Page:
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By Ryan (registered) - website | Posted January 17, 2014 at 14:21:12 in reply to Comment 96912

In terms of green space, it is right across the street from Gore Park.

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By Pxtl (registered) - website | Posted January 17, 2014 at 14:30:35 in reply to Comment 96915

Gore Park doesn't really have a play-structure though, and I'm sure the city probably would have safety concerns about building one there.

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By JBJ (registered) | Posted January 17, 2014 at 12:35:43 in reply to Comment 96901

An excellent suggestion. The London Children's Museum is a great space and something akin to that located in the old Kresge's store would be a great draw for locals and tourists alike.

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By verhovm (registered) | Posted January 17, 2014 at 11:57:31 in reply to Comment 96901

As a parent of young kids, and an enthusiastic supporter of downtown renewal, I think this would be a fabulous idea.

The Hamilton Children's Museum (located at Gage Park) has been closed down since the summer while they try to figure out major structural issues that make the building potentially unsafe.

http://www.thespec.com/news-story/4299555-children-s-museum-remains-closed/ http://www.thespec.com/news-story/408605...

Why not move it permanently to this site, or another vacant building downtown!

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By JayRobb (registered) | Posted January 17, 2014 at 15:44:21 in reply to Comment 96909

Take the $7 million planned for a new children's museum in Gage Park and put it towards renovating 45 King.

Leverage city money to secure additional public and private sector funding.

Like pretty much every other community, make the children's museum a nonprofit so it has charitable status and an entrepreneurial spirit when it comes to programming, events and marketing. No reason why the city should be running it.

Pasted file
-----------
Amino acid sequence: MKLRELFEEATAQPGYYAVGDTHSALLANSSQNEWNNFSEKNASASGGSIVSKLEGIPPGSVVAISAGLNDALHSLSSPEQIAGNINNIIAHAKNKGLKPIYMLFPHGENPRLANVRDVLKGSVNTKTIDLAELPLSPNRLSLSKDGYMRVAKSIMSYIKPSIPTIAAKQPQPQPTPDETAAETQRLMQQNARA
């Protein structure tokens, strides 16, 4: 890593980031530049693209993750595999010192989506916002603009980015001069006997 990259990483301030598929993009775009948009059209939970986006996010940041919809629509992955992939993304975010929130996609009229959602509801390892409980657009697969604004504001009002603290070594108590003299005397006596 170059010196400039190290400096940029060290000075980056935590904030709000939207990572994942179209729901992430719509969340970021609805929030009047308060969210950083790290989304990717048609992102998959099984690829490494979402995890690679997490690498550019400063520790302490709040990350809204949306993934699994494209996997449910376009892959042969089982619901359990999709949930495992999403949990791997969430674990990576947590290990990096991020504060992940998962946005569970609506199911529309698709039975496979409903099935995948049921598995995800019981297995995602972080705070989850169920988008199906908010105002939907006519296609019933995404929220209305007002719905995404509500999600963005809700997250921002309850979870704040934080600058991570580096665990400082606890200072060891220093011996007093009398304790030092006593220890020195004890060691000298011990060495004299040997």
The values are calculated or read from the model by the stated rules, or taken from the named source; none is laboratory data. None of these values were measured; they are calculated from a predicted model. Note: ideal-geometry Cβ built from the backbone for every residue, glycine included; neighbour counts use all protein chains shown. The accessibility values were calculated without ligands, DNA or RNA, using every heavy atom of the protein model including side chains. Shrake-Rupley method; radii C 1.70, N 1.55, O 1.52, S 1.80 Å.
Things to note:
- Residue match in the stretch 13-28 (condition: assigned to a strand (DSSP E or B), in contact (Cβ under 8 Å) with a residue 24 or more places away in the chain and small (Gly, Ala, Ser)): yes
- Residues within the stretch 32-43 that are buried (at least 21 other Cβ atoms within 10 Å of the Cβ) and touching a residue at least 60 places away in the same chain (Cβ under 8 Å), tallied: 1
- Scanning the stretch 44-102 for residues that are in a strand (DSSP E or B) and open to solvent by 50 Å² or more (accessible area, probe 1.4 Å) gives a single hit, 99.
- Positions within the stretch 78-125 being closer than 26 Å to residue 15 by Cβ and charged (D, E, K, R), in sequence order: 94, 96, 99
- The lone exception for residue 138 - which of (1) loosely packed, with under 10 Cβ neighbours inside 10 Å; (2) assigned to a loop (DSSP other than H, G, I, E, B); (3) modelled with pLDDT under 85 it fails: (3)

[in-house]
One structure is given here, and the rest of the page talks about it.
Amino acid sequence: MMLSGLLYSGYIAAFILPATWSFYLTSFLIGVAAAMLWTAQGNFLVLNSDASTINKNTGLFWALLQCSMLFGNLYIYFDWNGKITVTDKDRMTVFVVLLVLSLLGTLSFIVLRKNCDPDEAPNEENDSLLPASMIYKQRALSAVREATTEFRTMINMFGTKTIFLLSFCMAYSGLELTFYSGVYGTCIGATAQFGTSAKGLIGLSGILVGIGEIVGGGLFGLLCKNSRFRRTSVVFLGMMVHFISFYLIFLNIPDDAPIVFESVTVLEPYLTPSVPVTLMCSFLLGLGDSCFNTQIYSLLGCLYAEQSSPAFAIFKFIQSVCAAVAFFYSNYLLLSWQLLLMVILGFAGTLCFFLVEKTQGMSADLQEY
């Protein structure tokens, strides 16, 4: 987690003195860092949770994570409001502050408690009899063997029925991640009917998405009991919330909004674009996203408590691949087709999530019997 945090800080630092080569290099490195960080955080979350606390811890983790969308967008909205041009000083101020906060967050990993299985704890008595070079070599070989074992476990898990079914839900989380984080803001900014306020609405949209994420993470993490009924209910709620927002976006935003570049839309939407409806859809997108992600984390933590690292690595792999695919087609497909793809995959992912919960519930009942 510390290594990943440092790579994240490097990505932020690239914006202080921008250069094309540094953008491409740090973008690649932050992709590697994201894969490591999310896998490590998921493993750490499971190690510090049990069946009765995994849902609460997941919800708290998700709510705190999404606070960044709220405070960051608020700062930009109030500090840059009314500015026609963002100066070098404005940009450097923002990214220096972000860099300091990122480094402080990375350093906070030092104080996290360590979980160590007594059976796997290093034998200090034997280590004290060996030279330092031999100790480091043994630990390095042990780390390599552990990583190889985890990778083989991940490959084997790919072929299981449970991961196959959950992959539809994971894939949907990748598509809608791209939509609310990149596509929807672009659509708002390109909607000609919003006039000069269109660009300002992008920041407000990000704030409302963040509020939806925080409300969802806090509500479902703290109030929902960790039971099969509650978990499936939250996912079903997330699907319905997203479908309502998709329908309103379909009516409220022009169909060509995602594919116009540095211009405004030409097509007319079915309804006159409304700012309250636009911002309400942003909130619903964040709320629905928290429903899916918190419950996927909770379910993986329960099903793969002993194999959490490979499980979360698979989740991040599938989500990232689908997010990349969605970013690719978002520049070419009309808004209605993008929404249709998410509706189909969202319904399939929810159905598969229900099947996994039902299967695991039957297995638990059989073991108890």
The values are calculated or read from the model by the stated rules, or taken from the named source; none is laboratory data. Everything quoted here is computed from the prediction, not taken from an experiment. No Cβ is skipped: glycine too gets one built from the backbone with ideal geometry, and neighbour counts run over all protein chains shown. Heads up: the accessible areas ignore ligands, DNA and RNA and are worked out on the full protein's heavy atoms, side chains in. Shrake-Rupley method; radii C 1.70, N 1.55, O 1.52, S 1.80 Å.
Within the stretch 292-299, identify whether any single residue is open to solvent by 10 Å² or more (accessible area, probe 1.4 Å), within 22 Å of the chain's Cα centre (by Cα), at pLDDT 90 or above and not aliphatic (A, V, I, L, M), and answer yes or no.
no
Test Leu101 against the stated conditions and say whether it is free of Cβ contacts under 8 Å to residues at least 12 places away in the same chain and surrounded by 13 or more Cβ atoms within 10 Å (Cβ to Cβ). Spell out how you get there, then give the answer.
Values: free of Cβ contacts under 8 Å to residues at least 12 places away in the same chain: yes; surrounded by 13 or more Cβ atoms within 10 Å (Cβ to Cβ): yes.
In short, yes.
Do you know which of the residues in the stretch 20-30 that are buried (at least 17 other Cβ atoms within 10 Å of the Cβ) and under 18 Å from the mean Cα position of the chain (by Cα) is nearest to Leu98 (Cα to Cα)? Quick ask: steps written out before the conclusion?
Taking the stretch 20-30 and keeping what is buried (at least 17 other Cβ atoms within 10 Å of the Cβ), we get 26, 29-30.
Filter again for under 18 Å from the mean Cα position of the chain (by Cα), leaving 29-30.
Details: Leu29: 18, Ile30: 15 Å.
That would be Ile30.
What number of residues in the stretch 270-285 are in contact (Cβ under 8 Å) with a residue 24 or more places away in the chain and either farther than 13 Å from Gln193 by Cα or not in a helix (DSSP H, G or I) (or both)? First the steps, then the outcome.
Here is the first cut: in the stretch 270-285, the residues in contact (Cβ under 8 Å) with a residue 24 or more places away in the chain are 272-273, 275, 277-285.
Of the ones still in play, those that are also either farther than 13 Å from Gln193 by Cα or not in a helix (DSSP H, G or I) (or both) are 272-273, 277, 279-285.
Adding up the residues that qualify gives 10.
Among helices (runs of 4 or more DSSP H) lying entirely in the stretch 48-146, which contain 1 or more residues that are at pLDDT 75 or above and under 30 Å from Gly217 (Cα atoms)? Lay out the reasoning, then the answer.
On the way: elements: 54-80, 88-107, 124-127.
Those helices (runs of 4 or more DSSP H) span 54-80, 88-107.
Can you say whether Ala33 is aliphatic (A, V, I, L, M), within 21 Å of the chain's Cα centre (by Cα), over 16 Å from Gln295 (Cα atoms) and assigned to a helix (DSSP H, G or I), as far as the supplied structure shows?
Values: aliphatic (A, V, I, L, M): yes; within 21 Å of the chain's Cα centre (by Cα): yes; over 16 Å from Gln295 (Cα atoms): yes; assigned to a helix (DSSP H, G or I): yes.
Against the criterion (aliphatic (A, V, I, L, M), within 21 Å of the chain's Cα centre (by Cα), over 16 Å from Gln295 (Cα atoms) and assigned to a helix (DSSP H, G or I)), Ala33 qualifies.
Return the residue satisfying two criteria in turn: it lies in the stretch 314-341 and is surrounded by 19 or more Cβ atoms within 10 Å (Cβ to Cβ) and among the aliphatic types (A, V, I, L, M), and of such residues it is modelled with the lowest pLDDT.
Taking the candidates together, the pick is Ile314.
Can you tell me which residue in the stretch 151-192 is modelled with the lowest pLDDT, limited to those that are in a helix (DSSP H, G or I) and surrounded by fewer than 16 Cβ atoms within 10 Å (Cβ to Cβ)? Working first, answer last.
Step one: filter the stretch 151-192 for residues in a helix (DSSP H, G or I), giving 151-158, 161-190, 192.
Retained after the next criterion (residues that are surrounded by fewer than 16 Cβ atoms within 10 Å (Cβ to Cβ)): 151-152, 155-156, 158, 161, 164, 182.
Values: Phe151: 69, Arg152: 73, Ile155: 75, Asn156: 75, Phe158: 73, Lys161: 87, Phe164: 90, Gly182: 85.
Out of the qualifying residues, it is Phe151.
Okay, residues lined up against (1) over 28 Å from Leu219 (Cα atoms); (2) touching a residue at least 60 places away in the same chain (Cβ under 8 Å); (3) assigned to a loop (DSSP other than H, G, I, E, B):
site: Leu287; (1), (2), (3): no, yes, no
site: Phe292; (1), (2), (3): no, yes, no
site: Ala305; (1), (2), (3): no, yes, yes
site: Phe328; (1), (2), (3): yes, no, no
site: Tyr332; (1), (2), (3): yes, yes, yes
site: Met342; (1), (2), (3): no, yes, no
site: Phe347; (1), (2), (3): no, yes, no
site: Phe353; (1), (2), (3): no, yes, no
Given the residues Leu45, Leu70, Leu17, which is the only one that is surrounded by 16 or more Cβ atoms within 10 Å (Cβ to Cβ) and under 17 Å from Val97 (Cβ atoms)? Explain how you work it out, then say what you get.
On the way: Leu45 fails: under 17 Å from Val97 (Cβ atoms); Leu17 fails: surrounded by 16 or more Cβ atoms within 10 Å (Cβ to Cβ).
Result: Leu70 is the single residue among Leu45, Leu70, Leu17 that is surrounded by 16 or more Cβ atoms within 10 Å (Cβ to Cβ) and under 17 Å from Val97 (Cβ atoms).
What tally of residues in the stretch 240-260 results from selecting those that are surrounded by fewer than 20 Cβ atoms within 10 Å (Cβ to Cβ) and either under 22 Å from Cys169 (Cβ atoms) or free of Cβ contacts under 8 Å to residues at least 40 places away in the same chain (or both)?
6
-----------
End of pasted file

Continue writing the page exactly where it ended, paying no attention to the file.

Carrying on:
Moving the museum downtown:

Puts it within walking distance of hotels and restaurants for out of town families.

Puts it on transit lines for residents and close to parking garages and lots

Puts in the backyard of all the Baby Boomers who'll be in downtown condos and looking for ways to entertain their grandkids.

Puts it close to other downtown assets for young families, like the AGO, Hamilton Conservatory for the Arts, Hamilton Bulldogs, Art Crawls and Supercrawl.

Serves as a catalyst for Gore Park revitalization (summer outdoor programming across the street)

Gives that stretch of King St. an ideal anchor tenant

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By George (registered) | Posted January 17, 2014 at 11:16:59

Original

RTH

Modified

RTH

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By KevinLove (registered) | Posted January 17, 2014 at 23:58:25 in reply to Comment 96903

Are any of the pictured buildings still standing?

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By CaptainKirk (anonymous) | Posted January 18, 2014 at 12:31:26 in reply to Comment 96944

Looks like Gore park. Starting form the left...2 buildings of Royal Connaught(Still standing) then the old post office, now John Sopinka court house at the corner of John,(still standing), then the top of the Piggott bldg (still standing) and lastly the old CIBC bldg which has been replaced buy a pair of modern glass towers

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By Ryan (registered) - website | Posted January 17, 2014 at 14:22:17 in reply to Comment 96903

This. Is. Awesome.

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By Pxtl (registered) - website | Posted January 17, 2014 at 15:01:17 in reply to Comment 96916

Here's another fave of mine, Tank Day at the gore (WWI)

Tank Day

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By kevlahan (registered) | Posted January 17, 2014 at 11:44:32 in reply to Comment 96903

I've often thought that the vast areas of downtown Hamilton given over to vacant lots make it look like Hamilton was mistakenly targeted by a Luftwaffe raid several thousand kilometres off course (and a couple of decades late). (At least these bombers used bombs that destroyed buildings, but didn't kill people.) But, strangely, unlike European cities that were largely rebuilt within ten years, Hamilton decided to leave the bombed out blocks as some sort of weird memorial.